While in India, I learned a few things about their culture, their prominent religion, and their politics. All three of these are integrated into one in many townships in India.
Hinduism is unique among the world religions in that it has no founder or date of origin. While most major religions derive from new ideas taught by a charismatic leader, Hinduism is simply the religion of the people of India, which has gradually developed over four thousand years. The origins and authors of its sacred texts are largely unknown.
Although today’s Hinduism differs significantly from earlier forms of Indian religion, Hinduism’s roots date back as far as 2000 BC, making it one of the oldest surviving religions. Because of its great age, the early history of Hinduism is unclear.
In the last few decades, the history of India’s religion has also become a matter of political controversy. Many places are banning and controlling Christians because the National Religion is so intermingled in the politics. My host told me you could never go door to door and witness without being arrested. If you get caught spreading any other religion other than Hinduism to people traveling to or from a “worship” center, you are violating the law.
I also found out that you never really know where the worship centers are located. On the roadside all over this country you see Idols, statues, and even large buildings erected to display them. This all started with a small trinket placed on the side of the road, where people would come and worship one of the thousands of gods of Hinduism. Someone else would leave a larger item, then another an even larger one until these “Temple” settings became center pieces for the people. They would often travel hundreds of miles to meet one of the priests on duty and “pray to their gods.”
I was mesmerized at these men I saw walking, who were all dressed in red apparel. They were taking a 40-day pilgrimage in their effort to bear their burden of “sin.” They were not permitted to be with a woman or eat any food prepared by a woman during those forty days. They would even wear the same garments every day. At the end of this 40-day fast, they would carry an object on their heads for a very long distance to go to particular “Hindu Temple types.” There a priest would remove it and claim to forgive all their sins. At the end of this long process, they would shower, change clothes, and return home.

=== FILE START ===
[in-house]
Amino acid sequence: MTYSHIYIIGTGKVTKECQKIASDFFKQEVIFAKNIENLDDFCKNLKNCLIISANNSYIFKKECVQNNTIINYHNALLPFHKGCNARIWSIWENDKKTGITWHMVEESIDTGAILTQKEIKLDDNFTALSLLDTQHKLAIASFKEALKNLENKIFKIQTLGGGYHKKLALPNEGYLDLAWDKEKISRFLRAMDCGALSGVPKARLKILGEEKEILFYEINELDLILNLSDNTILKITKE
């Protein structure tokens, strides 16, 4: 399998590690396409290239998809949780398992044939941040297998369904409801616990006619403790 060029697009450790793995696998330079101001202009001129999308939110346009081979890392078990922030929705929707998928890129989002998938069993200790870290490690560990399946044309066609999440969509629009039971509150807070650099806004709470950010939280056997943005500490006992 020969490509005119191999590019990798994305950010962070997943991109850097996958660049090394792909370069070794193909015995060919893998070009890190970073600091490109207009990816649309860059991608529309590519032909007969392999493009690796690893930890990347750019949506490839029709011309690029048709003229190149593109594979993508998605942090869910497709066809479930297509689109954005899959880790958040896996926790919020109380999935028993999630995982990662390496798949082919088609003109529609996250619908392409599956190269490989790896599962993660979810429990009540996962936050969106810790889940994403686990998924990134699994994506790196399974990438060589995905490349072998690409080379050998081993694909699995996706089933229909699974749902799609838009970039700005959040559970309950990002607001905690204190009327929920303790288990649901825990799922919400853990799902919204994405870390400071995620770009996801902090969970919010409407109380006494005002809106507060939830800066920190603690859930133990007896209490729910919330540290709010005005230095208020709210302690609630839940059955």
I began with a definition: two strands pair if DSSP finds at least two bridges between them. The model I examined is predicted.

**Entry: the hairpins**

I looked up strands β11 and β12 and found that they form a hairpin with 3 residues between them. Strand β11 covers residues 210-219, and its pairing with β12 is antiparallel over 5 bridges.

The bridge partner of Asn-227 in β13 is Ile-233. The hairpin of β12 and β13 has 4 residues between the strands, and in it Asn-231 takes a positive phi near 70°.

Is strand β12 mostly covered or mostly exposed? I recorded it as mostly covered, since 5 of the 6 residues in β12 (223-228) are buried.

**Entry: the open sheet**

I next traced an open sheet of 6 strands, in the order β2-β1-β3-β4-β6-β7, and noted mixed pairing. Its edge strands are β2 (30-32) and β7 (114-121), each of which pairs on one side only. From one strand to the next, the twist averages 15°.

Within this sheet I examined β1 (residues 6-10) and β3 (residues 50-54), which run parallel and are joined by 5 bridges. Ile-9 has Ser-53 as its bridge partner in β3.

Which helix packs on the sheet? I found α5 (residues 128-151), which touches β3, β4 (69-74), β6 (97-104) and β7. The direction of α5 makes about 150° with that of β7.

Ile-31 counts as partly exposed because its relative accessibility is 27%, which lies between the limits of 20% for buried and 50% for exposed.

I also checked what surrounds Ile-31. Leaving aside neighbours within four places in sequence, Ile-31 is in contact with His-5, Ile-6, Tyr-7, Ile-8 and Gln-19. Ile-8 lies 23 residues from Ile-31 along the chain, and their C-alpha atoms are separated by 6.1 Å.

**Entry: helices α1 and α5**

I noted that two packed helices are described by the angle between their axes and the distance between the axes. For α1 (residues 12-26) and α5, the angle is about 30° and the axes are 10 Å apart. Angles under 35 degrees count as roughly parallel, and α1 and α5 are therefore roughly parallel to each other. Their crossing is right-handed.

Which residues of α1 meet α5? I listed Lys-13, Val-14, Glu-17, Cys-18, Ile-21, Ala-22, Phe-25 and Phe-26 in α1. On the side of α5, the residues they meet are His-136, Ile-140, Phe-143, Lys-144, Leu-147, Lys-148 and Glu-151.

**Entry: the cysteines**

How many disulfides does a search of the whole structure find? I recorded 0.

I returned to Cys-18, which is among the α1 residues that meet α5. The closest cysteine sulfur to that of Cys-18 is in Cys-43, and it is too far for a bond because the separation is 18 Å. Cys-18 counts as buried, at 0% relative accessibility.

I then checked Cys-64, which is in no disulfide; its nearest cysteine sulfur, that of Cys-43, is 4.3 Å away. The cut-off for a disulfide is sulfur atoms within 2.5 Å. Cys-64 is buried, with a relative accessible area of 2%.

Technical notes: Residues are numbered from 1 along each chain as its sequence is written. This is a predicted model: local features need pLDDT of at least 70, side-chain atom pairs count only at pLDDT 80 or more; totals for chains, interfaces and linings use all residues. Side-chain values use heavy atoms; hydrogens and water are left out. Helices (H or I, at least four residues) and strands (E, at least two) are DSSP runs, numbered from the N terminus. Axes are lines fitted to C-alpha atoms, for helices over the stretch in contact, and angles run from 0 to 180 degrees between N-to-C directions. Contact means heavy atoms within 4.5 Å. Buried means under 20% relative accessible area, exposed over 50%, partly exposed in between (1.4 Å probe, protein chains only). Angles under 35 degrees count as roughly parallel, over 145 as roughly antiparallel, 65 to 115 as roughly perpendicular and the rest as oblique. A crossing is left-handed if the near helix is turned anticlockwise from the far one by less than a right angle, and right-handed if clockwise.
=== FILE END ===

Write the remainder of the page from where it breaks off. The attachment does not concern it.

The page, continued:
I wish you could have seen their sad faces. Aren’t you thankful that God doesn’t make us go to such extreme lengths to be relieved of the burden of sin? Praise God that Jesus carried that burden all the way to Calvary. Without requiring us to work for it, Jesus “his own self bare our sins in his own body on the tree” (I Peter 2:24). We rejoice in the forgiveness of sins we can access by grace through faith. By simply believing, we can lose the weight of sin and be born again. How tragic to imagine many of these one day standing before God at the judgment and hearing those frightful words: “Depart from me ye cursed, into everlasting fire, prepare for the devil and his angels” (Matthew 25:41). My heart was greatly burdened about the condition of the lost as I witnessed their sincere, but ignorant worship methods.
At the same time I was challenged by the dedication of these Hindu people. They were willing to fast 40 days, laying aside the comforts of this world and the luxuries and blessings we take for granted. They crowned the experience with long travels, going through one last act designed to remove sin. How many Christians hesitate to sacrifice for their Lord, even though He has sacrificed so much for them? We ought to be willing to lay down our lives for the Savior, and we should never hesitate to walk away from earthly pleasures, which so often get in the way of our service for the Lord. Let me ask you a convicting question: What pleasure or even sin are you willing to lay aside to better serve your Master?
Our service and sacrifice for the Lord is not in order to obtain favor of the Lord. The Pharisees thought they were pleasing to God because of their works of self-effort, but Jesus rebuked them: “Woe unto you, scribes and Pharisees, hypocrites! For ye compass sea and land to make one proselyte; and when he is made, ye make him two-fold more the child of hell than yourselves” (Matthew 23:15). The Pharisees and the Hindus missed the key point, that it is not our sacrifice that earns us favor with God; it is Jesus’ sacrifice!
Rather, we “sacrifice” because we have obtained salvation through grace. The apostle Paul describes it this way: “For the love of Christ constraineth us, because we thus judge, that if one died for all, then were all dead. And that he died for all, that they which live should not henceforth live unto themselves, but unto him which died for them and rose again” (II Corinthians 5:14-15). One look at the cross should remove all feeling of “sacrifice”, and cause us to rather see His life being lived through us as a great privilege, constraining us with a joy set before us.